As loved ones gather and winter’s chill sets in, the holiday season is a wonderful time to welcome kids into the kitchen. Teaching children the value of cooking and baking from a young age has many benefits. It helps them take an interest in food and promotes critical thinking, creativity and collaboration. Plus, it’s fun! 

Here, we share tips for baking and cooking with kids. Get ready to crack eggs, stir ingredients, roll dough and enjoy time-honored traditions with those who are almost always eager to help make something delicious.

Kids crave independent tasks, so pick a recipe or two that can help them thrive with your supervision. Whether you’re making Great-Grandma’s legendary thumbprint cookies or Grandpa’s homemade spaghetti, there’s likely a portion of the recipe that can work for different age groups, toddlers to teenagers.

With encouragement and guidance, kids as young as 2 years old can usually follow simplified instructions you say aloud. They can also excel at repeating a step after you show them. As you work together, ask younger kids to add pre-measured ingredients to a mixing bowl, roll dough with a small rolling pin or use cookie cutters. They may even enjoy helping you compost, recycle and clean up at the end.

Give older kids some more responsibility to enrich the experience. They may be ready to preheat the oven, set the timer, measure and add their own ingredients, or whisk eggs. Even reading instructions out loud to younger siblings or cousins can help them feel more confident and in command.

Time in the kitchen builds practical life skills. When you make something from scratch, you introduce math concepts (hello, fractions!) and strengthen reading skills. Each task promotes the importance of paying attention to details, while cementing the value of teamwork and taking turns. Plus, kids get a total sense of accomplishment in the process.

Sensory exploration is pure joy for kids. Pouring and mixing liquids with dry ingredients, kneading dough, rolling balls in 

sugar, filling up muffin tins or baking pans—they’ll love being a special helper and working with their hands.

If the thought of flour every which way, spills or sticky fingers seems overwhelming, take a deep breath and know each step supports lifelong development and skillbuilding.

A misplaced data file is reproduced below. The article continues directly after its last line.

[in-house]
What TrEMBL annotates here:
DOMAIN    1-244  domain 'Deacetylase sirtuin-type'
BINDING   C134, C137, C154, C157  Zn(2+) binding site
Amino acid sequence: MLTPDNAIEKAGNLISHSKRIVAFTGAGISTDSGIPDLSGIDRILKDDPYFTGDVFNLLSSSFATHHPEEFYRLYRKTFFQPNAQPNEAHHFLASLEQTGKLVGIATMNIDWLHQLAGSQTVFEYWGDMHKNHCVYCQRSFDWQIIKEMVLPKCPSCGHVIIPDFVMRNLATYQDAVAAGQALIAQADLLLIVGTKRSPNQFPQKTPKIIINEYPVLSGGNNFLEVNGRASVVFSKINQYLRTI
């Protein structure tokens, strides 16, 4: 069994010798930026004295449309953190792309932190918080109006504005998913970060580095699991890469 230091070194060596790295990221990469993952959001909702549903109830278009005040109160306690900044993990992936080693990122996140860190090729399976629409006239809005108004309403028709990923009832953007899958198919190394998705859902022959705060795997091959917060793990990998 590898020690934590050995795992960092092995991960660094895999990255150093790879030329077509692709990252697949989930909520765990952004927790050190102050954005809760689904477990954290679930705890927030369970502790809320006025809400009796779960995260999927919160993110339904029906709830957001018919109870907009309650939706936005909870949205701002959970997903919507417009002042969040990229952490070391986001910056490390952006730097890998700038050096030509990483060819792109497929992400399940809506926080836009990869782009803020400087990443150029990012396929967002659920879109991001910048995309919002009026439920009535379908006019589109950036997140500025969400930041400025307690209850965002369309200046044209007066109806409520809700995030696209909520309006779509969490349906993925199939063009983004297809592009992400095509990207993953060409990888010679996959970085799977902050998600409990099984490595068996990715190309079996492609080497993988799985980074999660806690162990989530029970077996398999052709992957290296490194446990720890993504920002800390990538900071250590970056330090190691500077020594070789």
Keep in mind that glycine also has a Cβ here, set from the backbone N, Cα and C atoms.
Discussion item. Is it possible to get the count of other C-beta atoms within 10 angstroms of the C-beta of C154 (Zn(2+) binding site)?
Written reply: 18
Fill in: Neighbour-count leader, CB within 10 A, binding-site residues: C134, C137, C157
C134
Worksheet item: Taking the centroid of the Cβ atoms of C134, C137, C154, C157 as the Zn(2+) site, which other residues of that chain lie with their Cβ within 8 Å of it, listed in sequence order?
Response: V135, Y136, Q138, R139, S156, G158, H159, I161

Before you begin, set out all ingredients, bowls and pans, and pre-measure as much as possible for the smallest sous chefs. Offering child-size kitchen utensils can help improve outcomes and ease any safety concerns, too. Outfit your crew in aprons—bonus points for coordinating sets among adults and kids! Put long hair up in a ponytail or braid. Remember to wash hands regularly as you take turns.

Reading the recipe out loud is a good first step. Give lots of praise after kids complete their portion. Don’t dwell on mistakes, which are bound to happen. You can instill patience and perseverance, and remind kids that mistakes help us all learn and grow.

Beyond producing nourishing meals and tasty treats, your kitchen also doubles as a space for conversation and storytelling. Use this special time to share and build lasting memories. 

Some thought-starters: Explain your cooking philosophy and what it means to you. How did you learn your skills? What’s your favorite part? Is there a recipe that definitely didn’t turn out? What did you learn from that experience? Sharing personal stories can help inspire additional questions from curious learners.

Cooking often blends passion and emotion, so including older family members gives greater depth and meaning to the conversation, too. Do Grandma or Grandpa recall a time cooking with their parents or grandparents? Can they share a favorite recipe passed down from generation to generation? Be sure to write it down and book a date to make it together.

Ahead of gathering with extended family this holiday season, consider asking everyone to do a kid-friendly recipe swap. It could be seasonal delights to make during the holidays or ideas to try all year long. The best part? Even one contribution can become the basis for a starter cookbook of family recipes to give to your kids one day.

Kids learn by doing. If winter also means slow cooker season in your house, it too presents many opportunities for kids to help chop and drop vegetables into a single pot. They’ll marvel at how home-cooked meals come together in different ways. With miniature tools to steady their small hands, it’ll be easier to assist as you prep pot roast, chili or soup. 

Another fun idea for any snackers or party hosts: Let kids help assemble a theme board for classic charcuterie, dessert, dips, veggies or fruit. Creativity shines through the colorful combinations of sweet and savory bites. Age-appropriate tasks may include placing crackers; rolling meats; skewering fruit, tomatoes or mozzarella; and using mini cookie cutters to cut cheese or melon into fun shapes.

Involving your kids throughout the year continually encourages food appreciation and kitchen competency—crucial abilities that stretch into adulthood. With practice now, they’ll be more advanced in time for grilling season. Win win!